• Explore other payment options. You could get a loan or use a credit card to cover your taxes or make an installment agreement with the IRS.
  • Prove reasonable cause for not filing on time. If you can prove to the IRS that you have a good reason for not filing your tax form or paying your taxes by the deadline, you can sometimes avoid the penalties. The IRS has historically shown leniency towards taxpayers who are victims of natural and man-made disasters, including terrorist attacks and serious storms. Serving members of the Armed Forces and American citizens working abroad may also have strong cases for not filing on time.

Interest Charges for Unpaid Taxes

The IRS will also charge you for the interest it would normally receive on the tax you haven't paid. Interest compounds daily and is calculated from the date your return is due until the date your taxes are paid in full. The interest rate is re-calculated every quarter by adding 3% to the federal short-term interest rate. The federal short-term interest rate typically stands between 1% and 4%, so you can expect to pay between 4% and 7% more than your total tax bill in interest.

Late Filing of Returns with Refunds

If you're getting a tax refund, you won't receive any penalty for filing late so long as you file your tax forms within three years of their deadline.

However, if you wait longer than three years you will forfeit your unclaimed tax refund. This money will become the property of the U.S. Treasury and cannot be reclaimed.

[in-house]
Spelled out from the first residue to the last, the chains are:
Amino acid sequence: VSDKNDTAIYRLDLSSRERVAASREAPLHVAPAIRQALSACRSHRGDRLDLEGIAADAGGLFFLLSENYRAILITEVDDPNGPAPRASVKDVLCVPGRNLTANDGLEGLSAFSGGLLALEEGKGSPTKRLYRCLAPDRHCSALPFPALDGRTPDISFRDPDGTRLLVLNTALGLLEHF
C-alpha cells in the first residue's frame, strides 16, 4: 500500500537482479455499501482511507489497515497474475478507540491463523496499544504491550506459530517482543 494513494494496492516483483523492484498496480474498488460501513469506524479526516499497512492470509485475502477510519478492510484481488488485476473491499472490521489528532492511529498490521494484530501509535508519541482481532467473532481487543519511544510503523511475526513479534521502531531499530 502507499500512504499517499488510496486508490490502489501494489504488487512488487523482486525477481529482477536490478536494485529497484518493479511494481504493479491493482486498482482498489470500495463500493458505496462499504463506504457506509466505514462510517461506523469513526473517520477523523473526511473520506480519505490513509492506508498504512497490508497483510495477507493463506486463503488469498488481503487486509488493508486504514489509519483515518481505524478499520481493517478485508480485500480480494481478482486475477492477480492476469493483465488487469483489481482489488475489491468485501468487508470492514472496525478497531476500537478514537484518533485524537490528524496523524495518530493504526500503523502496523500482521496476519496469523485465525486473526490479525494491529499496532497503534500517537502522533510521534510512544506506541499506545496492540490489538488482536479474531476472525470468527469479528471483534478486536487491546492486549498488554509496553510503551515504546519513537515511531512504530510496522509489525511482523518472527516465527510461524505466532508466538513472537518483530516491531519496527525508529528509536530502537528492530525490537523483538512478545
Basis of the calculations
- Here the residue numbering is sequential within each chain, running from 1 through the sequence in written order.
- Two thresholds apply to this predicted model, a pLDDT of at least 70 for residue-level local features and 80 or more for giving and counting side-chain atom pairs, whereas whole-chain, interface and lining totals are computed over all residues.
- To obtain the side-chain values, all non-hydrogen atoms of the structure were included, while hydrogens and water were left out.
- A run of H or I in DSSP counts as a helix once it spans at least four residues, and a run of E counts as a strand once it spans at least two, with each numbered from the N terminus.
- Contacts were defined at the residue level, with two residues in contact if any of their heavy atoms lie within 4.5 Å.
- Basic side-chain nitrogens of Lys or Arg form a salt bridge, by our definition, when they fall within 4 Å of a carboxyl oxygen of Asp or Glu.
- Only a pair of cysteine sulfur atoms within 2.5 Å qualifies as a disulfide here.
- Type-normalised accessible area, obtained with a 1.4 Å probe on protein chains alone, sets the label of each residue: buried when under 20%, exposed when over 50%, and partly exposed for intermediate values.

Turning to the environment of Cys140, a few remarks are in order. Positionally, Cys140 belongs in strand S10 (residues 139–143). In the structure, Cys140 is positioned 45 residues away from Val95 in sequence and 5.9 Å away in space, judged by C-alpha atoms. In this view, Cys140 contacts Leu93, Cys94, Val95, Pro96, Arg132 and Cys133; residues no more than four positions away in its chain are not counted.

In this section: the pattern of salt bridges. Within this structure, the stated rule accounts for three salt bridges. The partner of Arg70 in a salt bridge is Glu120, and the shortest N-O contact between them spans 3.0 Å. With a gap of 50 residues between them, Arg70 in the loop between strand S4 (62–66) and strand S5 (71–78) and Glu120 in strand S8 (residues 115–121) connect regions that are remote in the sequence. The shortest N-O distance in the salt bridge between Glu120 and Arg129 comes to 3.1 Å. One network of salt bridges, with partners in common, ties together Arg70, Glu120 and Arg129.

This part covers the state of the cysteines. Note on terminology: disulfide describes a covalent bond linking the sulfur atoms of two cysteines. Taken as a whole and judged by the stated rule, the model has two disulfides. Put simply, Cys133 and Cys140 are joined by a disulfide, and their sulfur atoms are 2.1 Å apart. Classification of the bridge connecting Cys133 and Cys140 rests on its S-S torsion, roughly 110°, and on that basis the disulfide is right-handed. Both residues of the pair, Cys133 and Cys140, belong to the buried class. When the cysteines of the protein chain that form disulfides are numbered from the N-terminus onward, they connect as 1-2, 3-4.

More Serious Penalties

If you continually fail to file and pay your taxes, the IRS has the power to attack certain assets through the Federal Payment Levy Program. The IRS must notify you of intended action before following through. If you do not respond between 30 and 60 days, the IRS can legally take serious steps, including:

  • Seizing your Social Security.
  • Taking out a federal tax lien on property you own (house, car, income, bank account).
  • Commencing court proceedings. If you're found to have willfully failed to file your tax returns, you could serve jail time.


Filing your tax return by the April deadline is the easiest way to avoid penalties from the IRS. If this is not an option, filing for an extension and paying your entire tax bill before the April deadline is also a good way to avoid penalties. Even when you cannot pay your entire bill, it is important to file your return or extension on time.

Q&A: Can the IRS take all the money in your bank account?

In extreme circumstances, the IRS can issue a levy on your property to help satisfy unpaid tax debts. This includes money in your bank account, as well as funds in your retirement account. The IRS can also seize physical property, like your car, in order to sell and pay off tax debt.

Fortunately, there are several steps that must occur before such drastic actions take place. The IRS must first send you a Notice and Demand for Payment regarding your tax bill. If you don't pay it, then they're required to send you a Final Notice of Intent to Levy, plus a Notice of Your Right to a Hearing. These documents must be sent at least 30 days in advance of a levy being issued.

You can avoid a levy by settling your tax debt or by setting up a payment plan with the IRS.